Annelise M. Mennicke

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Childhood Polyvictimization and Mental Health Issues among Incarcerated Women

Published: | Author: Stephanie Kennedy, Annelise M. Mennicke, Rajib Paul

Results from a cluster analysis identified four unique childhood polyvictimization: Low Victimization, High Witnessing Violence, High Sexual Abuse, and Severe Polyvictimization. The odds of reporting suicidal ideation, psychosis, and dissociation were higher for women in the High Witnessing, High Sexual Abuse, and/or Severe Polyvictimization clusters compared to the Low Victimization cluster, although pairwise comparisons indicated no significant differences between the three higher-level polyvictimization clusters.

Category: Incarcerated Women, Trauma, Mental Health
health and justice

‘I took care of my kids’: Mothering while incarcerated

Published: | Author: Stephanie Kennedy, Annelise M. Mennicke, Chelsea Allen

Research on incarcerated parents often focuses on their children, which obscures incarcerated mothers’ needs related to health and wellness. The prison environment offers few opportunities to foster mother-child connection; most mothers never receive even one visit from their children. Incarcerated mothers contextually framed crime as protecting and providing for children and identified community-based and in-prison service gaps.

Category: Incarcerated Women
The Relationship Between Interpersonal Victimization and Women’s Criminal Sentencing: A Latent Class Analysis

The Relationship Between Interpersonal Victimization and Women’s Criminal Sentencing: A Latent Class Analysis

Published: | Author: Stephanie Kennedy, Annelise M. Mennicke, Megan Feely, Stephen Tripodi

Latent class analysis was used to identify subgroups of incarcerated women differentiated by experiences of child abuse and intimate partner violence victimization. Four classes were extracted—Low Victimization, Child Abuse, Lifetime Physical and Psychological Abuse, and Lifetime Sexual Abuse; classes were then related to current sentence length, holding criminological predictors constant. Women in the Child Abuse and Lifetime Sexual Abuse classes had significantly longer sentences, despite the lack of significant between-class differences on criminological predictors.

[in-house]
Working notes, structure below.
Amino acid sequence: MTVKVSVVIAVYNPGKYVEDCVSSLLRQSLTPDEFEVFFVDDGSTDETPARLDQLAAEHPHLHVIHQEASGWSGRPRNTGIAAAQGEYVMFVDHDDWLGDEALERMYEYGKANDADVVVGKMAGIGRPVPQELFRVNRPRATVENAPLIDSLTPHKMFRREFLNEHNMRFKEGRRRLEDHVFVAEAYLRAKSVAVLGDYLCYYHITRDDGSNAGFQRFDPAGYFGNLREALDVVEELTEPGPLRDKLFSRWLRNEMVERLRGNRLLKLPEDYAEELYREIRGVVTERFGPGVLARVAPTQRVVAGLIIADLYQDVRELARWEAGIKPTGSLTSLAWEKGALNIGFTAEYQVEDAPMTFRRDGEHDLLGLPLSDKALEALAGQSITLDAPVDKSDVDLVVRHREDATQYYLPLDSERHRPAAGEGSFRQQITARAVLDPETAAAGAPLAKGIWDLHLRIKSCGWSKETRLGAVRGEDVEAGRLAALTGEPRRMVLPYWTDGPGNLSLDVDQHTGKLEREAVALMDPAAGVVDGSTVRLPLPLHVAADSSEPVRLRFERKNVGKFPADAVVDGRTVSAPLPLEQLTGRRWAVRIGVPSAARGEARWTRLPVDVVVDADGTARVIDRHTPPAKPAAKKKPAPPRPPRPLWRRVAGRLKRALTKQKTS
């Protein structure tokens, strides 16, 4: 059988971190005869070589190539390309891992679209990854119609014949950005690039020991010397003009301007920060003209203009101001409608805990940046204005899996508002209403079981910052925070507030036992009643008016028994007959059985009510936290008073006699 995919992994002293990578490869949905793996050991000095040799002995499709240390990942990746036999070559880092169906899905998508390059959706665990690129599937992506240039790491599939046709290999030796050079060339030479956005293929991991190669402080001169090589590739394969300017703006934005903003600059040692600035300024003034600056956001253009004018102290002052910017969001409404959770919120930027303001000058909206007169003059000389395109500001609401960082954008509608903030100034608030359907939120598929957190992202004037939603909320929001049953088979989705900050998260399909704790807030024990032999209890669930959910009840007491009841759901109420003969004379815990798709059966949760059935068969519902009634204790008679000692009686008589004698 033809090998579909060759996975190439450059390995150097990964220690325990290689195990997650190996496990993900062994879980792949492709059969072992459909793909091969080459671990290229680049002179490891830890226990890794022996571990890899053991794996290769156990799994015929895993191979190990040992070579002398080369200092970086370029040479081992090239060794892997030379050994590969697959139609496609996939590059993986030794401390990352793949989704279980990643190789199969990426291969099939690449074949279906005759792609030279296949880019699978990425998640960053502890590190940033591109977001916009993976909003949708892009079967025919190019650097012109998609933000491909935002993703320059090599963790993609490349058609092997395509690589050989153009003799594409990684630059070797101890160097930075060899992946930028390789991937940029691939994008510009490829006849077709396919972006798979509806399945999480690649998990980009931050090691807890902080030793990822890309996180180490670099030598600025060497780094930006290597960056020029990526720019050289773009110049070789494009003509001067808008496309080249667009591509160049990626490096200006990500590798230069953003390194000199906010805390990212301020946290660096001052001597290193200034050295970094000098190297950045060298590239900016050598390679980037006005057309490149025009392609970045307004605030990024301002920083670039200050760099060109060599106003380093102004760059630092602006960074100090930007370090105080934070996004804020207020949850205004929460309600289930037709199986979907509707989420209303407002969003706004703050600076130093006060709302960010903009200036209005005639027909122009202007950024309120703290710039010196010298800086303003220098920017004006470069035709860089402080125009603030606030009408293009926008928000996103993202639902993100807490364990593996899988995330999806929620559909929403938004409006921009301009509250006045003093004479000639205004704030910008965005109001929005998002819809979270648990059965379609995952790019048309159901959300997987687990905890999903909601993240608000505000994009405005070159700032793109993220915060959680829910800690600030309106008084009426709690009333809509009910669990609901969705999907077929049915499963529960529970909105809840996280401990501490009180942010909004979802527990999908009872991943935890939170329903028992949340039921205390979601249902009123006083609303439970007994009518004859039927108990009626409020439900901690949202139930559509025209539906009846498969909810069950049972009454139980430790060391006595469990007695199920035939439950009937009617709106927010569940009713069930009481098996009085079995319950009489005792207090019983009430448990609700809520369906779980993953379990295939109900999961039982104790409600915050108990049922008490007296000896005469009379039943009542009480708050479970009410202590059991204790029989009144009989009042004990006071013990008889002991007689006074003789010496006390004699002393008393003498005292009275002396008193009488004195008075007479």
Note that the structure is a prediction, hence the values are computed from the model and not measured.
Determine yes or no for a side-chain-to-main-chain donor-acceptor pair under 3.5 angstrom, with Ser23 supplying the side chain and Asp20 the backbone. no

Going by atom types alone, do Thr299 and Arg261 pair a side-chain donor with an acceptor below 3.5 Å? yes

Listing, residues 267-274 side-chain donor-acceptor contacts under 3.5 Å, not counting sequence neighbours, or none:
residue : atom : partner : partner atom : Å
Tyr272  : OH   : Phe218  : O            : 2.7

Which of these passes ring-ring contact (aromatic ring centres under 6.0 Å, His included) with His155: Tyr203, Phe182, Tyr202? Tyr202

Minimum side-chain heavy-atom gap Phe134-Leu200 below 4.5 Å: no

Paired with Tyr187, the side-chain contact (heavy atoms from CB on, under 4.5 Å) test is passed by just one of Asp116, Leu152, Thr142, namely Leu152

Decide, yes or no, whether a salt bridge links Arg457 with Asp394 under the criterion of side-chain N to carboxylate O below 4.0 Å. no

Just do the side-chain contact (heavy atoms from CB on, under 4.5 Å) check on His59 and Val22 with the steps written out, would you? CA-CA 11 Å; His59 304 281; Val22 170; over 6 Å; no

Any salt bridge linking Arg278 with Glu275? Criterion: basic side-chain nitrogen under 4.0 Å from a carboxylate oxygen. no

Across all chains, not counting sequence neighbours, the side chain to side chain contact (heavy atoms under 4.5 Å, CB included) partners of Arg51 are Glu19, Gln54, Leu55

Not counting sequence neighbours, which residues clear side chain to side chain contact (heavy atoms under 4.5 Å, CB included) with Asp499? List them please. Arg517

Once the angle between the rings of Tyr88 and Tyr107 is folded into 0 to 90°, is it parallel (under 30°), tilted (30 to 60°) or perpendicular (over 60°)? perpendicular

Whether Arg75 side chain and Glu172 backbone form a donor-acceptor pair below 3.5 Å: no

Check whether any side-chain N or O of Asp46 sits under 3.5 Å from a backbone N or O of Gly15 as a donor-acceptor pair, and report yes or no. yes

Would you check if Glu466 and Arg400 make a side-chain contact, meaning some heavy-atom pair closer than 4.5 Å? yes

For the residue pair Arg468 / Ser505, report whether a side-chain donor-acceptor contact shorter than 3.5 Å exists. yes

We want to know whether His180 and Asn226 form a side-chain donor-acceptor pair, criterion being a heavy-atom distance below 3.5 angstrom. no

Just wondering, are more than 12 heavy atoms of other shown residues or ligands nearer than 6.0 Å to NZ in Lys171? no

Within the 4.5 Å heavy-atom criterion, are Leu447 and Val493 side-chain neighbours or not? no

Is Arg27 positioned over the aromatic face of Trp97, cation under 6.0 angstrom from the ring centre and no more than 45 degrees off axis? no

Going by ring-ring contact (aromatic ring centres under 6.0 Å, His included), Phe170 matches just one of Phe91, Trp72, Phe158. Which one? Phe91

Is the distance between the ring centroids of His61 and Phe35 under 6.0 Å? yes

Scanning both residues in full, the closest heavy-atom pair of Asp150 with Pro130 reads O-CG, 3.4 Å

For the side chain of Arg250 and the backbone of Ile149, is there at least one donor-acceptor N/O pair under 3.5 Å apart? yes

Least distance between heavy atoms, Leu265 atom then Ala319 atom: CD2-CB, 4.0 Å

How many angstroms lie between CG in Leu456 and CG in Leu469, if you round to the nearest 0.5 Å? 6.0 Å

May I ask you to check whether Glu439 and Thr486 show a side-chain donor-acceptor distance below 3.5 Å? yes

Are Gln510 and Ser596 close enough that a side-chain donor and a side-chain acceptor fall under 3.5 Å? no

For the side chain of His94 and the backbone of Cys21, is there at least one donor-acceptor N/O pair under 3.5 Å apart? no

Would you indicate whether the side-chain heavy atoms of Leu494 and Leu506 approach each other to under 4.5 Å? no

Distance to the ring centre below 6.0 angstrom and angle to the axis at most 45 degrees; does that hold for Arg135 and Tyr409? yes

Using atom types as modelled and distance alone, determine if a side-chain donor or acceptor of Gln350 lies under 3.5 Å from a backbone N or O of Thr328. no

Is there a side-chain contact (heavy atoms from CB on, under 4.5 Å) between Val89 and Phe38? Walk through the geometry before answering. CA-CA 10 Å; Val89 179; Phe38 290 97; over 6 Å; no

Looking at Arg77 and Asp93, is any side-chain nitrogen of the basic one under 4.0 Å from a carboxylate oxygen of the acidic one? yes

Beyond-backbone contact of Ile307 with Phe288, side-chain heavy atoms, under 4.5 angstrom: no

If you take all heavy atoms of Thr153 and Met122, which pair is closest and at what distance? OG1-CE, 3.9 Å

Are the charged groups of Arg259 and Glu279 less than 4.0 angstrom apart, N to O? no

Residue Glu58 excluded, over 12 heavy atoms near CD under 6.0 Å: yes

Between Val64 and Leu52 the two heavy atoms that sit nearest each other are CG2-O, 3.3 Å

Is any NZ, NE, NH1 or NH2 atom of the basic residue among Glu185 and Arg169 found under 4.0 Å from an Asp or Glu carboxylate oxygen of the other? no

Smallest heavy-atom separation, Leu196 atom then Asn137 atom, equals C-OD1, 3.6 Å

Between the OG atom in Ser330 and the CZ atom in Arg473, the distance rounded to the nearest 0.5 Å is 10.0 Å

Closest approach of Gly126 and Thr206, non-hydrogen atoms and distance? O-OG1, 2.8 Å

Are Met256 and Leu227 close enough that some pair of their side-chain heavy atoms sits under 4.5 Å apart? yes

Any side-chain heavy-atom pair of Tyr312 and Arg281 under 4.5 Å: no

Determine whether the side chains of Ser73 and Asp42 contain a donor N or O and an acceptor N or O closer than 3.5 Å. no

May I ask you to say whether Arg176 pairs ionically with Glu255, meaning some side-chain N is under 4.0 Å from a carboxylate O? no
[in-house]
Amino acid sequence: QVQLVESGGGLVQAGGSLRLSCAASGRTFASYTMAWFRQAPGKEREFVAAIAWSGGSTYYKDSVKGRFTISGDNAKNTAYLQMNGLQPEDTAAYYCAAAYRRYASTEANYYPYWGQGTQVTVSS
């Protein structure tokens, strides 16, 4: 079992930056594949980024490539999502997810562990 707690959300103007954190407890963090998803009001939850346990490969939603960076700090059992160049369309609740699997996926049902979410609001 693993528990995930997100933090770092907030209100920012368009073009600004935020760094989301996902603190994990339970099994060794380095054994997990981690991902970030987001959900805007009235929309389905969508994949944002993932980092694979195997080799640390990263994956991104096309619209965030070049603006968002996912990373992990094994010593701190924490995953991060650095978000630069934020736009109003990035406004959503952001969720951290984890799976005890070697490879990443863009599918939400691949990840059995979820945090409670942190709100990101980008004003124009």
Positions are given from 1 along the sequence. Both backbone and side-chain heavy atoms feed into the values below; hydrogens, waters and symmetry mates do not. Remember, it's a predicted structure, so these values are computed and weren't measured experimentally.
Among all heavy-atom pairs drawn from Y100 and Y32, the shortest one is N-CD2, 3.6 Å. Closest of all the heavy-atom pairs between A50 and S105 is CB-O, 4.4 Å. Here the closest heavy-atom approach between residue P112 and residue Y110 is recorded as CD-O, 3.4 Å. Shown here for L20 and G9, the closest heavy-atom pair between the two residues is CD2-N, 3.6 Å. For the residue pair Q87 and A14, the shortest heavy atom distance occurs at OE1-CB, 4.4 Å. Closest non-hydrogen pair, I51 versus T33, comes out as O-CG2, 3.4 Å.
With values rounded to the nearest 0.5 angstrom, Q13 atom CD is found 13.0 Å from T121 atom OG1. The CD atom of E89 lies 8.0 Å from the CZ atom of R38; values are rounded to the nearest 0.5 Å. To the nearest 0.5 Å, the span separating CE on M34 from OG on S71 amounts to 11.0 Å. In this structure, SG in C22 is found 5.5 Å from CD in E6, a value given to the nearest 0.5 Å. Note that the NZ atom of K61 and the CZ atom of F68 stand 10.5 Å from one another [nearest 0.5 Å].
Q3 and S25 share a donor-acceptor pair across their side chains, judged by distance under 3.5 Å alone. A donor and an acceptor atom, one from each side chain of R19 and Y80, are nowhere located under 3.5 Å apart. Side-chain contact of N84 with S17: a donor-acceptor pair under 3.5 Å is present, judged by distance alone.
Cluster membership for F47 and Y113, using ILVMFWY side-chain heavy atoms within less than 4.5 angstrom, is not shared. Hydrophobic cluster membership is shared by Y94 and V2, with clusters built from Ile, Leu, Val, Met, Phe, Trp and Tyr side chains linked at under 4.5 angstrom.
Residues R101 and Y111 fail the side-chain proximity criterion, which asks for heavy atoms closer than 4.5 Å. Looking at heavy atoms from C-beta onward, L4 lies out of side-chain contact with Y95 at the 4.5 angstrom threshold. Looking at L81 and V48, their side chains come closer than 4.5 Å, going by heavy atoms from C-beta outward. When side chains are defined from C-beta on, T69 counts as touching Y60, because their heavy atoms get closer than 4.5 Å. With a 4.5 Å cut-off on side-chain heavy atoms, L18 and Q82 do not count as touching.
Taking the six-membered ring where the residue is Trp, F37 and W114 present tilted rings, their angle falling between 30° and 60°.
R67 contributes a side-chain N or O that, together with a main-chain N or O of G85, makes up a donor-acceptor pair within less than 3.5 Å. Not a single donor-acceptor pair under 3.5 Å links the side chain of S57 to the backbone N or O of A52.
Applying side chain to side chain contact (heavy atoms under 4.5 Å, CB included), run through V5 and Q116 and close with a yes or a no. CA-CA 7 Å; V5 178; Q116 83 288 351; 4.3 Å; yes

Category: Incarcerated Women, Trauma, Sentencing
 Journal of Progressive Human Services

“Behind every woman in prison is a man”: Incarcerated Women’s Perceptions of How We Can Better Help Them in the Context of Interpersonal Victimization

Published: | Author: Stephanie Kennedy, Annelise M. Mennicke

Although women’s rates of incarceration have increased dramatically, the criminal justice system does not meet women’s unique needs. This article used qualitative methods to describe the responses of 113 incarcerated women to the following question: How can we better help women like you? Analyses focused on women’s experiences of victimization and highlighted how to address trauma in prison reform and abolition efforts.

Category: Trauma, Incarcerated Women
Evaluating Seeking Safety for Women in Prison: A Randomized Controlled Trial

Evaluating Seeking Safety for Women in Prison: A Randomized Controlled Trial

Published: | Author: Stephen Tripodi, Annelise M. Mennicke, Susan McCarter, Katie Ropes Berry

This study assessed the effectiveness of Seeking Safety on depression and post-traumatic stress disorder (PTSD) with incarcerated women.

Category: Incarcerated Women
Assessing Attitude and Reincarceration Outcomes Associated With In-Prison Domestic Violence Treatment Program Completion

Assessing Attitude and Reincarceration Outcomes Associated With In-Prison Domestic Violence Treatment Program Completion

Published: | Author: Annelise M. Mennicke, Stephen Tripodi, Christopher Veeh, Dina Wilke, Stephanie Kennedy

Studies indicate that as many as 30%–56% of incarcerated men have perpetrated domestic violence, and that factors related to domestic violence perpetration are associated with long-term recidivism after release. The current study evaluates the effectiveness of an in-prison domestic violence treatment program called STOP and Change Direction to increase positive attitudes toward women, decrease levels of criminal thinking, and reduce general recidivism rates for program completers. 

Category: Trauma, In-Prison Intervention